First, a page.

Higginson said he believes the lawsuit brought by the states is “non-justiciable,” meaning it is in a category of disputes the courts refrain from ruling on because doing so would impinge on the executive branch’s traditional authority.
The Obama administration can now turn to the U.S. Supreme Court for a green light to proceed with the program, or Justice Department officials could wait until the 5th Circuit rules on the merits of Hanen’s legal rationale for the injunction he entered in February. A different panel of the appeals court is expected to hear arguments on those issues in early July.
A White House official had no direct comment on the possibility of Supreme Court action, but said the Justice Department will consider what steps to take as the litigation goes forward.
White House spokeswoman Brandi Hoffine said the ruling Smith and Elrod issued Tuesday was off base.
‘Two judges of the Fifth Circuit chose to misinterpret the facts and the law in denying the government’s request for a stay. As the powerful dissent from Judge Higginson recognizes, President Obama’s immigration executive actions are fully consistent with the law,” Hoffine said.
Hoffine called Obama’s immigration moves “squarely within the bounds of his authority and they are the right thing to do for the country.”
Some of the first reaction to the 5th Circuit ruling came in a tweet from Texas Gov. Greg Abbott (R), who as Texas attorney general launched the charge for the states attacking Obama’s moves.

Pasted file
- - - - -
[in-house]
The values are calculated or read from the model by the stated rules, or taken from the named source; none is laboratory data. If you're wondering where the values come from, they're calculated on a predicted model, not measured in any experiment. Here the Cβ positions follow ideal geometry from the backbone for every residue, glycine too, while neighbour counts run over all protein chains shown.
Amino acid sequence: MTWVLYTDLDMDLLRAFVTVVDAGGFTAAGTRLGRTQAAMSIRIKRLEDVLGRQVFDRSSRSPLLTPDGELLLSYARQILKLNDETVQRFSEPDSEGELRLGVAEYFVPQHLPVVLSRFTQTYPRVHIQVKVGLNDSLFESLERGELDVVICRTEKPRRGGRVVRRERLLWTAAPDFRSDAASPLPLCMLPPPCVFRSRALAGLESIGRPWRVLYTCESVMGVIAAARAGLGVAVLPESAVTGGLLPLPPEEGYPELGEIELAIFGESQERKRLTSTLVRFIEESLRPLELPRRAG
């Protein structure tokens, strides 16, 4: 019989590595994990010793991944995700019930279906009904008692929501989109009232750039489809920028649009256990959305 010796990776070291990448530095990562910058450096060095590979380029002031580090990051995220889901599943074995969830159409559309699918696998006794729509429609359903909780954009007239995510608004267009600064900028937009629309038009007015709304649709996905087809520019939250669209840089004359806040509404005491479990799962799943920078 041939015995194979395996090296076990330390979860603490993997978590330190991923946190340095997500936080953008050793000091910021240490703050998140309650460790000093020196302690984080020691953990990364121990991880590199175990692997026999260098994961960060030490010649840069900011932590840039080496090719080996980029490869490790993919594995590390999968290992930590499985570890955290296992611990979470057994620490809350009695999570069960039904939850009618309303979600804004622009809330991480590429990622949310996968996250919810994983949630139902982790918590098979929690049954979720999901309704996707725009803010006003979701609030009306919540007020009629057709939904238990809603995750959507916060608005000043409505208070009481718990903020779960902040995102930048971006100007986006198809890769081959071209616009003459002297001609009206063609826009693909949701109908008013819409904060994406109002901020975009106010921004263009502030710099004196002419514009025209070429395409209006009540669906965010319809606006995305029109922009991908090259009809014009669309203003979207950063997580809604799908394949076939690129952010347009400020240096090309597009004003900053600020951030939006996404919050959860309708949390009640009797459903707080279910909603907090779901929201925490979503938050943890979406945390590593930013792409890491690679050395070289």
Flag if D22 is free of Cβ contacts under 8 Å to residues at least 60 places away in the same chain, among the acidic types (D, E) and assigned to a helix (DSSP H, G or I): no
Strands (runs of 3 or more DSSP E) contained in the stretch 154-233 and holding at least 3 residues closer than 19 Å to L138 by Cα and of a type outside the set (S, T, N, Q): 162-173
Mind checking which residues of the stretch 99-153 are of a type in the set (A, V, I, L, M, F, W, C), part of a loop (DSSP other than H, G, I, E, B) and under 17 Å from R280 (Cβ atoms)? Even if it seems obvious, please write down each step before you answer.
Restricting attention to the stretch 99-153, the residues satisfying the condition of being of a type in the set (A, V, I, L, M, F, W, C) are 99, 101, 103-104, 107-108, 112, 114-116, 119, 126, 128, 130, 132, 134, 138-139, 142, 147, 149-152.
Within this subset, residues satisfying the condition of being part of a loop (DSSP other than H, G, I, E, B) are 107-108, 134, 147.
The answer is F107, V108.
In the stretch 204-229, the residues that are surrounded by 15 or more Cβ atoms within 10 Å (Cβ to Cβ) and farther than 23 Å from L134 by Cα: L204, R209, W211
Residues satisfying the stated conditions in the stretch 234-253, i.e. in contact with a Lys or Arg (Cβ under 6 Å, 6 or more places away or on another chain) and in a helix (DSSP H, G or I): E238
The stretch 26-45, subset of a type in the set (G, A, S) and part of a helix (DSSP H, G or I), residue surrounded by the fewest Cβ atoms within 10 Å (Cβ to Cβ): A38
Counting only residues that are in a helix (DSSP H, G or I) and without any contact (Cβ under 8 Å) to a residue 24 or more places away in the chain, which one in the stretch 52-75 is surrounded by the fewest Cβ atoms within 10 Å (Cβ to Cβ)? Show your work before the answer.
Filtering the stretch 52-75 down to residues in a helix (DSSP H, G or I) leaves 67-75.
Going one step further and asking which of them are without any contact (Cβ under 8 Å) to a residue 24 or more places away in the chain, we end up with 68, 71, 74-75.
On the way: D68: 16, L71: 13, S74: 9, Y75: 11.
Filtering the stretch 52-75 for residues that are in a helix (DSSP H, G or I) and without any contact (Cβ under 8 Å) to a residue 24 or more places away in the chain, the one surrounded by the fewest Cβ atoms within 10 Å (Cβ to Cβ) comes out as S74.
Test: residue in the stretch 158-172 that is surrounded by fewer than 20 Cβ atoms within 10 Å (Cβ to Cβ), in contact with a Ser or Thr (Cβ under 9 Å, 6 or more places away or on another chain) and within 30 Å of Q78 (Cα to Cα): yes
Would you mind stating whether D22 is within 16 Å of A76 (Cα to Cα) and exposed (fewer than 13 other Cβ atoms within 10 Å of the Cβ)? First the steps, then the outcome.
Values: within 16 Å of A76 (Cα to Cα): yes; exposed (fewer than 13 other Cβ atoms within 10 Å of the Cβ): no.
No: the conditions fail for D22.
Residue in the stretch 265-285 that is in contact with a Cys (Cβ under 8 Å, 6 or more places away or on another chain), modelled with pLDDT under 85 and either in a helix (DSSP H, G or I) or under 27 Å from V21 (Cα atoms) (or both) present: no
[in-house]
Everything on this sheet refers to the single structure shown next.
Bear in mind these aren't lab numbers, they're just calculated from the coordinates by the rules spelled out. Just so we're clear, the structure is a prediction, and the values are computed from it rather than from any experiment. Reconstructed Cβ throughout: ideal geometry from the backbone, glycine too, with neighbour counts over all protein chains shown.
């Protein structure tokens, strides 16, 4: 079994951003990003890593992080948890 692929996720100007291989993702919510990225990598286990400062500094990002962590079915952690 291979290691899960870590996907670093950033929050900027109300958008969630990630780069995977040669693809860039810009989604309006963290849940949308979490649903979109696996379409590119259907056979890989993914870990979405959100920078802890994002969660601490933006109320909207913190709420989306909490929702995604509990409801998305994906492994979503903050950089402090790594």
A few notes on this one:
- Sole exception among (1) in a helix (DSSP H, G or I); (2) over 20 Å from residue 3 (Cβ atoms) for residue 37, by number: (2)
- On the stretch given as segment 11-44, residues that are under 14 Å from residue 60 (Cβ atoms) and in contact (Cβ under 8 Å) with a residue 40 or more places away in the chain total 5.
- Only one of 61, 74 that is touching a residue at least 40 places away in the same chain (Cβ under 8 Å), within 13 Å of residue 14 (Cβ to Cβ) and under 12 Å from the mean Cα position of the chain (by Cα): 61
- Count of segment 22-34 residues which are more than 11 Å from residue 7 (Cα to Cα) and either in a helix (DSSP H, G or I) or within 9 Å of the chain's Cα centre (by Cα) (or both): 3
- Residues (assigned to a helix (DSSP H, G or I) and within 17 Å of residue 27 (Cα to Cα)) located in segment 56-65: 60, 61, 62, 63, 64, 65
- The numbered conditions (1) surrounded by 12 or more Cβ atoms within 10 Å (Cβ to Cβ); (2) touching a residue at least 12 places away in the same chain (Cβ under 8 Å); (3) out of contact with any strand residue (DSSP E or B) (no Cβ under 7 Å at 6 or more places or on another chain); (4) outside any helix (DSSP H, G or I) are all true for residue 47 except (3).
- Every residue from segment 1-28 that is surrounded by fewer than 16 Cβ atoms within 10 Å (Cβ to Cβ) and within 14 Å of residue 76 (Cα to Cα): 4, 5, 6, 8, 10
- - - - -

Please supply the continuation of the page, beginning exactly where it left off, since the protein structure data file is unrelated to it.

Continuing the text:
“Texas just won the Executive Amnesty case at the 5th Circuit Court of Appeals,” wrote Abbott, using a shorthand for Texas v. United States. “The constitution wins.”
House Judiciary Committee Chairman Bob Goodlatte (R-Va.) also hailed the ruling.
“Today’s decision from the federal appeals court is another victory for the Constitution and the American people,” Goodlatte said in a statement. “President Obama’s executive overreach on immigration poses a clear and present danger to our Constitution and I am pleased that the President’s actions continue to be halted so that the states’ lawsuit can continue to move forward.”
Immigrants rights activists urged Obama to act swiftly to get the Supreme Court’s blessing to move forward with the programs.
Marielena Hincapie of the National Immigration Law Center encouraged the administration to move “quickly and aggressively” by “taking the matter to the supreme court as quickly as possible. “
“The longer this justice is delayed, the harder the impact will be on our communities,” she said in a conference call with reporters. “We know that this decision is on the wrong side of the law. We know that we are on the right side of history.”
The three 5th Circuit judges deciding the case were randomly selected. Smith was appointed by President Ronald Reagan, Elrod by President George W. Bush and Higginson by Obama.
Hanen ruled in February that Obama’s November actions violated federal law because they were not properly announced and opened for public comment before being put into effect. The judge did not rule explicitly on questions many Republicans in Congress have raised about the president’s legal authority to carry out his moves.
Seung Min Kim contributed to this report.